Second: get more Republican support. Building bipartisan support is important, and this current iteration of the Fairness Act does have Republican support in Harrisburg. But it’s important to consider whether it has the support of Republicans in power, Republicans who can determine whether the bill gets debated and voted on. One hopes that if some Republicans get on board, they can try to influence the rest of their caucus. But without support from key Republican members, hopes of getting the Fairness Act passed would be futile.
Third: spread awareness on a larger scale. The message that we need LGBTQ nondiscrimination in Pennsylvania resonates for the simple reason that many residents don’t even know that an LGBTQ person can be fired or denied services for being LGBTQ. If people don’t know that a problem exists, they won’t offer their help or support.
Four: call out those who put up roadblocks. It’s a safe bet that most LGBTQ Pennsylvanians, and most Pennsylvanians in general, don’t know who Rep. Seth Grove is. That’s partly the fault of the media, including this newspaper. So in the future, we at PGN will make sure that our readers know who the key players are who stand in the way of statewide LGBTQ equality. But it’s also important for our allies in Harrisburg to start calling their colleagues out by name. Their constituents need to know who is preventing them from getting meaningful work done. Their constituents need to know who to call and who to write to voice their concerns.
Five: educate people on how government works. Most people hear the phrase “partisanship” or “partisan gridlock” and they get mad at the opposing party. It’s always the other party’s fault. But the truth is that most people don’t know what partisan gridlock truly means. Most people don’t know how bills become law. Most people don’t know that one person, or a handful of people in power, can block bills in perpetuity. While some people know that Mitch McConnell has famously blocked everything from gun control to LGBTQ rights to election fairness, a lot of people don’t know the difference between the Senate and the House, much less who the “Mitch McConnell of Pennsylvania” is.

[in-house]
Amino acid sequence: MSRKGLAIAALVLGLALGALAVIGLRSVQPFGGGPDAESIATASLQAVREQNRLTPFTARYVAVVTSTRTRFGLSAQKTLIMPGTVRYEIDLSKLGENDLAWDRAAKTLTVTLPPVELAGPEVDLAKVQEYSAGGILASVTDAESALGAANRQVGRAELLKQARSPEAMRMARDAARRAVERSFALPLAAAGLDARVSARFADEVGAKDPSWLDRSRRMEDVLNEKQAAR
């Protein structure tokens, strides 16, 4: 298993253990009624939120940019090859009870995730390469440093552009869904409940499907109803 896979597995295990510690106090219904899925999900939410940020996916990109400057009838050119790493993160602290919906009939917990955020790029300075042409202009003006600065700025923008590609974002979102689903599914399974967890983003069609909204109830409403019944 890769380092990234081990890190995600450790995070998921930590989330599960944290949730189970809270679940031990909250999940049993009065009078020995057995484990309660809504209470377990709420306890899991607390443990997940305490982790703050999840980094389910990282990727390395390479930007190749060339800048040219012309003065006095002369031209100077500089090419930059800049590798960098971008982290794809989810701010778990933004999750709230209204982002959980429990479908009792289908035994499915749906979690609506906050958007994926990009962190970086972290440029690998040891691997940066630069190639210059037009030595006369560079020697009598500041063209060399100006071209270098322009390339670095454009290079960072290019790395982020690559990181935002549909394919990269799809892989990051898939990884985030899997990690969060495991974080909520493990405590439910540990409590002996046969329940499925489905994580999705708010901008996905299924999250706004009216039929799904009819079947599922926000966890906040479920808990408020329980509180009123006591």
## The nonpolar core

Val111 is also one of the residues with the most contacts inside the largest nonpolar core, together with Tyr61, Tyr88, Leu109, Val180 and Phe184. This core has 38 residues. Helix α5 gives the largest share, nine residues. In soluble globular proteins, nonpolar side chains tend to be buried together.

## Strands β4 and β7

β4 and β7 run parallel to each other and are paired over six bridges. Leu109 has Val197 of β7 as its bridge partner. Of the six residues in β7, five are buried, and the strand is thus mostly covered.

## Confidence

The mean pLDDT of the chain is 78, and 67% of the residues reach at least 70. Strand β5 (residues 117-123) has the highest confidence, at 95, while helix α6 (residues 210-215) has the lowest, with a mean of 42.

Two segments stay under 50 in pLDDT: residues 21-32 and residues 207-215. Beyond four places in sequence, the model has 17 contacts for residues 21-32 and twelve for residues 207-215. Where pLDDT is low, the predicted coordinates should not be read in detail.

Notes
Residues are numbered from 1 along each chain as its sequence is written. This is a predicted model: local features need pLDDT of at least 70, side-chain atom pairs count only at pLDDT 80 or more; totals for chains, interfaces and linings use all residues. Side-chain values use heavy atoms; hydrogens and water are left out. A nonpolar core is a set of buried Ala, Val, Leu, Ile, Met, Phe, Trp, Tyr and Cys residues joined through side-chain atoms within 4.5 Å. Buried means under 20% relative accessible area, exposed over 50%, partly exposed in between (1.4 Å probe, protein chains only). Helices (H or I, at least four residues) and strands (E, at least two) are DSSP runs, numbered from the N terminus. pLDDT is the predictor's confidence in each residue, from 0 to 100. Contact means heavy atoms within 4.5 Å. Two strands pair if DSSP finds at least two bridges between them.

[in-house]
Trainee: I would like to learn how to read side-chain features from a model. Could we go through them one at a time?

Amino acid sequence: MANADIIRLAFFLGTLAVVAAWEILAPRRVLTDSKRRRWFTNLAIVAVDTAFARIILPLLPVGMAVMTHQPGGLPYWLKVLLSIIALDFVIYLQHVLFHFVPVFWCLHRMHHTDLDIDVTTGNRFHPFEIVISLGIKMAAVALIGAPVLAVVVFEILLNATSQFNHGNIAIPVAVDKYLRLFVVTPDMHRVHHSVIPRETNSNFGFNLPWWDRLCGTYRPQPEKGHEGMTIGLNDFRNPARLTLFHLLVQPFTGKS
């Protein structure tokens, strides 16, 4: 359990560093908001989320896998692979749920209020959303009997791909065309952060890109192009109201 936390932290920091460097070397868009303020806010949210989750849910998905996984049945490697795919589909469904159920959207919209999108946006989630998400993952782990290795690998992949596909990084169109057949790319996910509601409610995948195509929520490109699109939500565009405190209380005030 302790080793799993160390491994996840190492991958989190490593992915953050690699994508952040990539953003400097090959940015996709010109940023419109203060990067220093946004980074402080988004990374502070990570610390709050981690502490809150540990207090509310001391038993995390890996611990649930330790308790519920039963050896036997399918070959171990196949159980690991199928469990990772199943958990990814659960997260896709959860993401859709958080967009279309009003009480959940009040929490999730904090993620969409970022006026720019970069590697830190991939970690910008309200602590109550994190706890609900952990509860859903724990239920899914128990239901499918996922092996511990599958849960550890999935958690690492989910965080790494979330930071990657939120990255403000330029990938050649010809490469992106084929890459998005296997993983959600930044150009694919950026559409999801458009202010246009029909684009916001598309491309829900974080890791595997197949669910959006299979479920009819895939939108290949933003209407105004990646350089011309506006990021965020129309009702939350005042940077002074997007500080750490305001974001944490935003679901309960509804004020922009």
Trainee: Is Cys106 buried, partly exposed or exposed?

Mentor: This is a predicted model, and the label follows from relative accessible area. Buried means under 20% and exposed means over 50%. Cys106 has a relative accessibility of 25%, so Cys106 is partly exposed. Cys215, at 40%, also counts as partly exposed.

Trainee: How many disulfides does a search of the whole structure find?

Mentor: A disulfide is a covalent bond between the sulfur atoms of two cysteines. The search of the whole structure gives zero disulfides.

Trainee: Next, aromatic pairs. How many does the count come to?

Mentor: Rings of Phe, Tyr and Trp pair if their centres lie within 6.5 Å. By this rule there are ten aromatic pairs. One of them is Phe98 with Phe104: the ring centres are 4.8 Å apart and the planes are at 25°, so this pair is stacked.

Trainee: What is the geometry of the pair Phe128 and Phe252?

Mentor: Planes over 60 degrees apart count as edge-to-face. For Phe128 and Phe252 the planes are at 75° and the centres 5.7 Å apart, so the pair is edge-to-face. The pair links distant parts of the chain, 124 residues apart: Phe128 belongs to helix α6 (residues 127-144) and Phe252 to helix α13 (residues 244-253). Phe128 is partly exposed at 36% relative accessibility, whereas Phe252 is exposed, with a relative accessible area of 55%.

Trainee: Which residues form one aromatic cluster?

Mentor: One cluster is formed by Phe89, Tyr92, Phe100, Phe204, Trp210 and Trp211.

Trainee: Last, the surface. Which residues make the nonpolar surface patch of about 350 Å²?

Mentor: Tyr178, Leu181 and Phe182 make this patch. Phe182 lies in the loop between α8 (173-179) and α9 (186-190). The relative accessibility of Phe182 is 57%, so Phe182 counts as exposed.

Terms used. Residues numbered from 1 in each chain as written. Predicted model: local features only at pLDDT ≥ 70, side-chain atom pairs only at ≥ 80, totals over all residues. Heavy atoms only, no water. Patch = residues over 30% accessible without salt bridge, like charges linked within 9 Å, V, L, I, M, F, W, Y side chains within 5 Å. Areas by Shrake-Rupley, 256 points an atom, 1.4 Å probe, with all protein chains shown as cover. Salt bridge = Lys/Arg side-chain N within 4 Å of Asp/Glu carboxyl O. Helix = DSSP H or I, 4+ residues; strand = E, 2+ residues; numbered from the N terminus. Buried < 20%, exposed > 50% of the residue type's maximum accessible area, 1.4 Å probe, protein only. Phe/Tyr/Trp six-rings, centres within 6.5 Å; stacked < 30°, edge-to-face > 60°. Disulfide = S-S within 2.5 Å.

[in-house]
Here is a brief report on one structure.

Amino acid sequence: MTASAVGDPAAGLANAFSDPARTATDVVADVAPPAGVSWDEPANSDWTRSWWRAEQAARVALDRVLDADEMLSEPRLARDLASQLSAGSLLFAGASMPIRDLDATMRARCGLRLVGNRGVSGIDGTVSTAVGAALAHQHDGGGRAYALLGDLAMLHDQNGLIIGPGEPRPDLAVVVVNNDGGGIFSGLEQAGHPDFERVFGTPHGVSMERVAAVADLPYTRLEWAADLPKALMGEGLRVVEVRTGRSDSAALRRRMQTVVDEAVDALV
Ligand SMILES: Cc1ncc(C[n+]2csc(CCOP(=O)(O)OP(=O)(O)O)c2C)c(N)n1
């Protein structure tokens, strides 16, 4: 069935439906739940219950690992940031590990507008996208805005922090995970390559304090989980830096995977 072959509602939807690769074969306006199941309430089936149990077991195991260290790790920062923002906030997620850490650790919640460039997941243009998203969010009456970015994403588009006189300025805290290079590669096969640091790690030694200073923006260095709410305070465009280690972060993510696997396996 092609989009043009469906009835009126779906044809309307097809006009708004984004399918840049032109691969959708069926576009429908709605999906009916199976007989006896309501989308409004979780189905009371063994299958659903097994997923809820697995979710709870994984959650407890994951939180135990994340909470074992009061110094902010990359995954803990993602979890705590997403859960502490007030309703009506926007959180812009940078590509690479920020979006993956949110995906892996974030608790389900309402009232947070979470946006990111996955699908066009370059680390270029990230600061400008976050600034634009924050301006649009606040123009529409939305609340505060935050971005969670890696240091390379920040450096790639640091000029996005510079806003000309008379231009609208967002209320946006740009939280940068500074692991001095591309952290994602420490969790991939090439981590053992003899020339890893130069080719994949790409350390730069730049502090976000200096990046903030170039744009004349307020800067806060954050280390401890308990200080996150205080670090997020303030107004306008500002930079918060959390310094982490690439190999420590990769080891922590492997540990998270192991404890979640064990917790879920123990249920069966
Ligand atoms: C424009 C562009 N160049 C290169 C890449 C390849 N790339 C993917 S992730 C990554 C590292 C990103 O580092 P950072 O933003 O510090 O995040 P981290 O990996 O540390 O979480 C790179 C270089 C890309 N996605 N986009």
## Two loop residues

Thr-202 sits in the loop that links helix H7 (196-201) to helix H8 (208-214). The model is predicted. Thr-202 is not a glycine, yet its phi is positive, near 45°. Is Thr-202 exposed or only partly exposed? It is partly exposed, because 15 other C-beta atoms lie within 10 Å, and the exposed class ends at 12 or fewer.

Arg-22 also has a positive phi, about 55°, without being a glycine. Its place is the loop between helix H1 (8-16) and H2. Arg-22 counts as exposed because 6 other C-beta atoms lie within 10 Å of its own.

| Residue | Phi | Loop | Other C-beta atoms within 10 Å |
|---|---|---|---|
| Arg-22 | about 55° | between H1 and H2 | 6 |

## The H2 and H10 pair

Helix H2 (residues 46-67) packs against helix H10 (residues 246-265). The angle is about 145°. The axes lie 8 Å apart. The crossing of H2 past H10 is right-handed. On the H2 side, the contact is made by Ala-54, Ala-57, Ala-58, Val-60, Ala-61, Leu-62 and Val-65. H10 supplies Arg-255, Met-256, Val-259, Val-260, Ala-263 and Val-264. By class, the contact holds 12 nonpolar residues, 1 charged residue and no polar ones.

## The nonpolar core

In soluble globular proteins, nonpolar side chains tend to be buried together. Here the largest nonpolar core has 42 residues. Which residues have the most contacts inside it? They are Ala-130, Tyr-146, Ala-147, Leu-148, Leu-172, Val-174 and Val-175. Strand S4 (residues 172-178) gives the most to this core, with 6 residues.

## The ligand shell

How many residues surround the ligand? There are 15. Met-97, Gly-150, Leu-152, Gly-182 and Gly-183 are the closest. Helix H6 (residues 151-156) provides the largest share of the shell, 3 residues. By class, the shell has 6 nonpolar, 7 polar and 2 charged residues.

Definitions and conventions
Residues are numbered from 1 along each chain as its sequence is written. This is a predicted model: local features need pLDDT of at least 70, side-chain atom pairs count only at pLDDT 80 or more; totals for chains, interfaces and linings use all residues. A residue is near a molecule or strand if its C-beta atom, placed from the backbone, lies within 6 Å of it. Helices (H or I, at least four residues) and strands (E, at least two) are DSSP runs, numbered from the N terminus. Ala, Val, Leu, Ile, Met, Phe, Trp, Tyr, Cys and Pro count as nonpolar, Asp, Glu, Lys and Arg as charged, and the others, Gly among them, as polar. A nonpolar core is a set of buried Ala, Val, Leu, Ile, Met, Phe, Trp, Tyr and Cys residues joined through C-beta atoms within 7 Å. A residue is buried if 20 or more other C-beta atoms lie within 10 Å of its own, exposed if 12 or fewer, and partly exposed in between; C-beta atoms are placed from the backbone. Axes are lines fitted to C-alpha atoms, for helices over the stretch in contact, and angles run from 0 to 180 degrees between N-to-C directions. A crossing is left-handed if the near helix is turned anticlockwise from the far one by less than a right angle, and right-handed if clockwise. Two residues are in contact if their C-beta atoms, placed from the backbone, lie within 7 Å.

It’s not enough, in 2021, for politicians to carry the full weight of their constituents’ needs. Constituents themselves need to get involved now. And the first step towards doing that is education. Because without pressure from the people, those in power will continue on with the status quo. And in Pennsylvania, the status quo does not protect LGBTQ people; it leaves them vulnerable to losing their job or their house. It allows a hospital to deny them medical care. And it reminds them that they are not valued as much as a non-LGBTQ person.
This brings a final point: as long as the rules of the legislature are what they are, the power to bring bills to a vote rests in the hands of a select few people. All of those people are from the party that has a majority. So, even if every single one of Pennsylvania’s 2,562 municipalities passes a local nondiscrimination bill, a few lawmakers could still choose, despite overwhelming support from citizens across the commonwealth, not to have hearings on the bill and not to bring the bill up for a vote. In our charged political climate, there are people who cling so tightly to their beliefs that they will ignore even their own constituents. So, to be perfectly clear, the one thing that needs to happen to guarantee a statewide LGBTQ nondiscrimination law is: voters must elect a Democratic majority in the State House and State Senate. Only then will we truly be sure it will happen. Until then, the odds are, unfortunately, stacked insurmountably against us.